The Offending Grindrod Post

With all the fuss surrounding Patricia de Lille’s sudden and unwelcome interest in blogs, I’m sure everybody’s curious about the post that started it all. But since de Lille’s implying rather bluntly that her party will sue anybody who even reveals the link, I’m not going to bother showing it here. Instead, I’m going to show you how to find it for yourself.

Go to, look for the search box, type in grindrod+kaapstad and hit search. As the post is the one and only result, the rest is easy.[EDIT: This no longer works. See the bottom of the post for the actual link.]

For those not versed in Afrikaans, the author claims to have been a male prostitute, that one of his clients was Simon Grindrod and that he paid him for sexual favours. He also claims the same for other well-known South Africans, including Barry Ronge and James Small.

There are a few interesting things to note about this. First, the same anonymity that de Lille decries is also what prevents this guy from having any credibility at all. Essentially, you’re being asked to believe the word of some anonymous guy ranting away on the internet, who provides absolutely no evidence to back his outrageous claims. He might as well be writing about his encounters with aliens or describing how it was actually super-secret death rays that caused 9/11. I find it hard to believe that any rational person would actually believe what he’s written.

Secondly, de Lille’s more ignorant about technology than we thought. The blog is hosted on, an American-based blog hosting service. So it’s not subject to South African legislation and changing the law to give the SA government greater control over blogs won’t have the slightest impact on it. Similarly, since the server is in a foreign country it’s outside the jurisdiction of the National Intelligence Agency, which is a domestic agency and legally forbidden from conducting espionage outside our national borders. Awesome research there, Patricia. And while we’re on the subject, isn’t it just a bit creepy that de Lille wants to use state intelligence agencies to persecute people who insult her colleagues? Surely that’s outside the NIA’s legal mandate?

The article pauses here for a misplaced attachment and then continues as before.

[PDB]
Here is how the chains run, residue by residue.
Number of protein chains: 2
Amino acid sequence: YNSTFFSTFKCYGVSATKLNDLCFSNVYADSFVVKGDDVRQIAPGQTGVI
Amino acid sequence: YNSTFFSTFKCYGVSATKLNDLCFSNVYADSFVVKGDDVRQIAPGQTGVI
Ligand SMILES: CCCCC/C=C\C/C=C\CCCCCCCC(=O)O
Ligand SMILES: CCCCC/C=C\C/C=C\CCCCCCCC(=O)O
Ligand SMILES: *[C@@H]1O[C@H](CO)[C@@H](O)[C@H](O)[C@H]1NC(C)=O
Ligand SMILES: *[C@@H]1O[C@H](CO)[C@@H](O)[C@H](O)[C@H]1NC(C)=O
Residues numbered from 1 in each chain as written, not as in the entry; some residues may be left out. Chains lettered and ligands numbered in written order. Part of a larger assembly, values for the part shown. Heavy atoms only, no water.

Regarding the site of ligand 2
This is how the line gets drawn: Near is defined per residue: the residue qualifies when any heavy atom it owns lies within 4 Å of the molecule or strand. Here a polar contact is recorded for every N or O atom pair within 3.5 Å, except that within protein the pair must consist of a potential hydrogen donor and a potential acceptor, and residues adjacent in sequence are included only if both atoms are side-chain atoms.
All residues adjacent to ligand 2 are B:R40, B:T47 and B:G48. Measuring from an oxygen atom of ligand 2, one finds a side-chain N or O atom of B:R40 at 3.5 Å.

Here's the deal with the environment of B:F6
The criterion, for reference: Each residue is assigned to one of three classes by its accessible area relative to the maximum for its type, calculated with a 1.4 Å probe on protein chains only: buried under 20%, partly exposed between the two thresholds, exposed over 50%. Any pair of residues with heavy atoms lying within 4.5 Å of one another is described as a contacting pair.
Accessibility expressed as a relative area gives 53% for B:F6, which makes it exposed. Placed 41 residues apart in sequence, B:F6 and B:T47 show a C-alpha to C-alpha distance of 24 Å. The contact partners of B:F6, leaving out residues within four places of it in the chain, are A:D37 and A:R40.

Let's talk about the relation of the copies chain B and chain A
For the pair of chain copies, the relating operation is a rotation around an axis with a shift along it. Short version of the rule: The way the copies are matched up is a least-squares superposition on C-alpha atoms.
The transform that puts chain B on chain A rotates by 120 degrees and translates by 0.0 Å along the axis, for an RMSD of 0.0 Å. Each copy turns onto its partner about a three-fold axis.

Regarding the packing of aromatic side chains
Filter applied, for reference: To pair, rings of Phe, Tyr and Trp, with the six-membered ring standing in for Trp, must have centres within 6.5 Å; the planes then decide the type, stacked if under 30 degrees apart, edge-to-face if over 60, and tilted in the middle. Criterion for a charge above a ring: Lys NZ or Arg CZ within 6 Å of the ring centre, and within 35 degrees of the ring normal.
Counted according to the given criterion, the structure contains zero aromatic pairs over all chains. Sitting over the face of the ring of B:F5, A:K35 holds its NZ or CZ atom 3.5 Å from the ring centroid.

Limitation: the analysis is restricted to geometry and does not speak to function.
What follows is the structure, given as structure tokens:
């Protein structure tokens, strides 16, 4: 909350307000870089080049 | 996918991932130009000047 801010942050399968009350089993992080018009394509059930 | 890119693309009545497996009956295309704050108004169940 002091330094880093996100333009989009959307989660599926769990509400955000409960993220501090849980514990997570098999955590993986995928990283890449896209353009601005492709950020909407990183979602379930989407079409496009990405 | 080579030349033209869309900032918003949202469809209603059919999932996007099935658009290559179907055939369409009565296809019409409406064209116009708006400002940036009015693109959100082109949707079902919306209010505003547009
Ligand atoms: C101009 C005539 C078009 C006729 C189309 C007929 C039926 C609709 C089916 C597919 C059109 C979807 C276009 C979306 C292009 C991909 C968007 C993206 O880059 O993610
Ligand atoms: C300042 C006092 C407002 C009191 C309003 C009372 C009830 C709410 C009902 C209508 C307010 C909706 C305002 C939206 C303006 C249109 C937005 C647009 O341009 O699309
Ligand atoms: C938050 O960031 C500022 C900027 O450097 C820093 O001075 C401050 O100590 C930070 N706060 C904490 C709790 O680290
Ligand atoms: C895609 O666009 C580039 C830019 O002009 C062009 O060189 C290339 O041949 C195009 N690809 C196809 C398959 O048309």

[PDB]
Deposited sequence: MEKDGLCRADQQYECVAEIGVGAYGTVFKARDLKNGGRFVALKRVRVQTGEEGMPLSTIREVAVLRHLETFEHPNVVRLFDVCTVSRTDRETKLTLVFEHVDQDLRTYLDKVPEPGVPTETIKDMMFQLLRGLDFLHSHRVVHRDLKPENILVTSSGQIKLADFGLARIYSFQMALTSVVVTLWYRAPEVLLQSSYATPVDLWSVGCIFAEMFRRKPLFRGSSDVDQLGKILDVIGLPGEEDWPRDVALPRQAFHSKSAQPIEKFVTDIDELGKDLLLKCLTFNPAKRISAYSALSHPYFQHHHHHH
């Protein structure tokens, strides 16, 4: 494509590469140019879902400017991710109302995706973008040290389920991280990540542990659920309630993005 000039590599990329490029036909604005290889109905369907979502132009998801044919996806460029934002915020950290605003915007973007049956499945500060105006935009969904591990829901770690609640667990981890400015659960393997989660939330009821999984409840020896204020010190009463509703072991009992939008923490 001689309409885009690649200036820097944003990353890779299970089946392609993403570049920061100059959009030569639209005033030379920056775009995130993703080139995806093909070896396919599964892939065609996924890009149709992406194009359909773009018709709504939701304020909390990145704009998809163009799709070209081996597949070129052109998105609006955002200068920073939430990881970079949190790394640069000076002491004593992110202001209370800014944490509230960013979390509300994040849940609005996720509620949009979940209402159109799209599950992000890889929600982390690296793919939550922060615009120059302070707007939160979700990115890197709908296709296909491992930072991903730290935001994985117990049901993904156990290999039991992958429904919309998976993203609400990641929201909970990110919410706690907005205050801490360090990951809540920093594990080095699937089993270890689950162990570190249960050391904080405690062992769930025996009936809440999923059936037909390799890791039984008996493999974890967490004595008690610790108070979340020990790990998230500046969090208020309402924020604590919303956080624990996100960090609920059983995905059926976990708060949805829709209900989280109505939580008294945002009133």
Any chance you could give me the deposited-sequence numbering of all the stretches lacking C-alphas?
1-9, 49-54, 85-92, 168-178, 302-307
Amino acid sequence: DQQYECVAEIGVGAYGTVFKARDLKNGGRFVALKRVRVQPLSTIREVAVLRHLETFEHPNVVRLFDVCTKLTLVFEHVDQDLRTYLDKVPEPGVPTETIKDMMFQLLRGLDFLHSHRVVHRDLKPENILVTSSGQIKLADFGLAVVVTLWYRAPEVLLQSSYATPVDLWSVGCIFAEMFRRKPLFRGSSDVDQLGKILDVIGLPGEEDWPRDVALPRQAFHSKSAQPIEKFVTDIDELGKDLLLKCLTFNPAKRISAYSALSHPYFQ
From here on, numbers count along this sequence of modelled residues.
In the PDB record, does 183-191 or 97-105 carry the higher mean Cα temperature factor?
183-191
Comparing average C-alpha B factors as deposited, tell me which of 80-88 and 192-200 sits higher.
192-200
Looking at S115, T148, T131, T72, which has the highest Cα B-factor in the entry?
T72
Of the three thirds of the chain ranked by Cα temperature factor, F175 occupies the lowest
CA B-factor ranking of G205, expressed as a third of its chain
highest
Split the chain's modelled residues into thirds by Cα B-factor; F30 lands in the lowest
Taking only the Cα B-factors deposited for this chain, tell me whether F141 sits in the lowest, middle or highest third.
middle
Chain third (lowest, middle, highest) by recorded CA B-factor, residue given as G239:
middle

All that aside, if Grindrod wants to sue the guy his only option is to follow a long, expensive and convoluted process that starts off by first getting a US court to issue a subpoena, demanding that provide him with the blogger’s IP address and posting time. Assuming WordPress actually kept that kind of info and the subpoena was successful, he could then take that info to the relevant ISP and issue another subpoena ordering it to check its records and reveal the guy’s identity. Unless of course the guy was blogging from an internet cafe or something similar. Then it would all have been a spectacular waste of time. Alternatively, he could demand that WordPress remove the blog, but there’s nothing stopping the blogger from just taking his blog to another host in some other country that would be decidedly less amenable to legal requests.

In practical terms, Grindrod and de Lille can’t win. The internet has changed the playing field and the absolute power wielded by governments is fading. No amount of regulation will be able to silence those who want to be heard, as the frequent circumvention of even China’s draconian internet restrictions has proven. It’s about time that South African politicians realised, as American and British politicians already have, that you’re just going to have to ignore what’s written about you on the internet and let people make up their own minds. They’ll pretty soon figure out who’s credible and who’s not.

Welcome to the new world, Patricia. You’d better get used to it.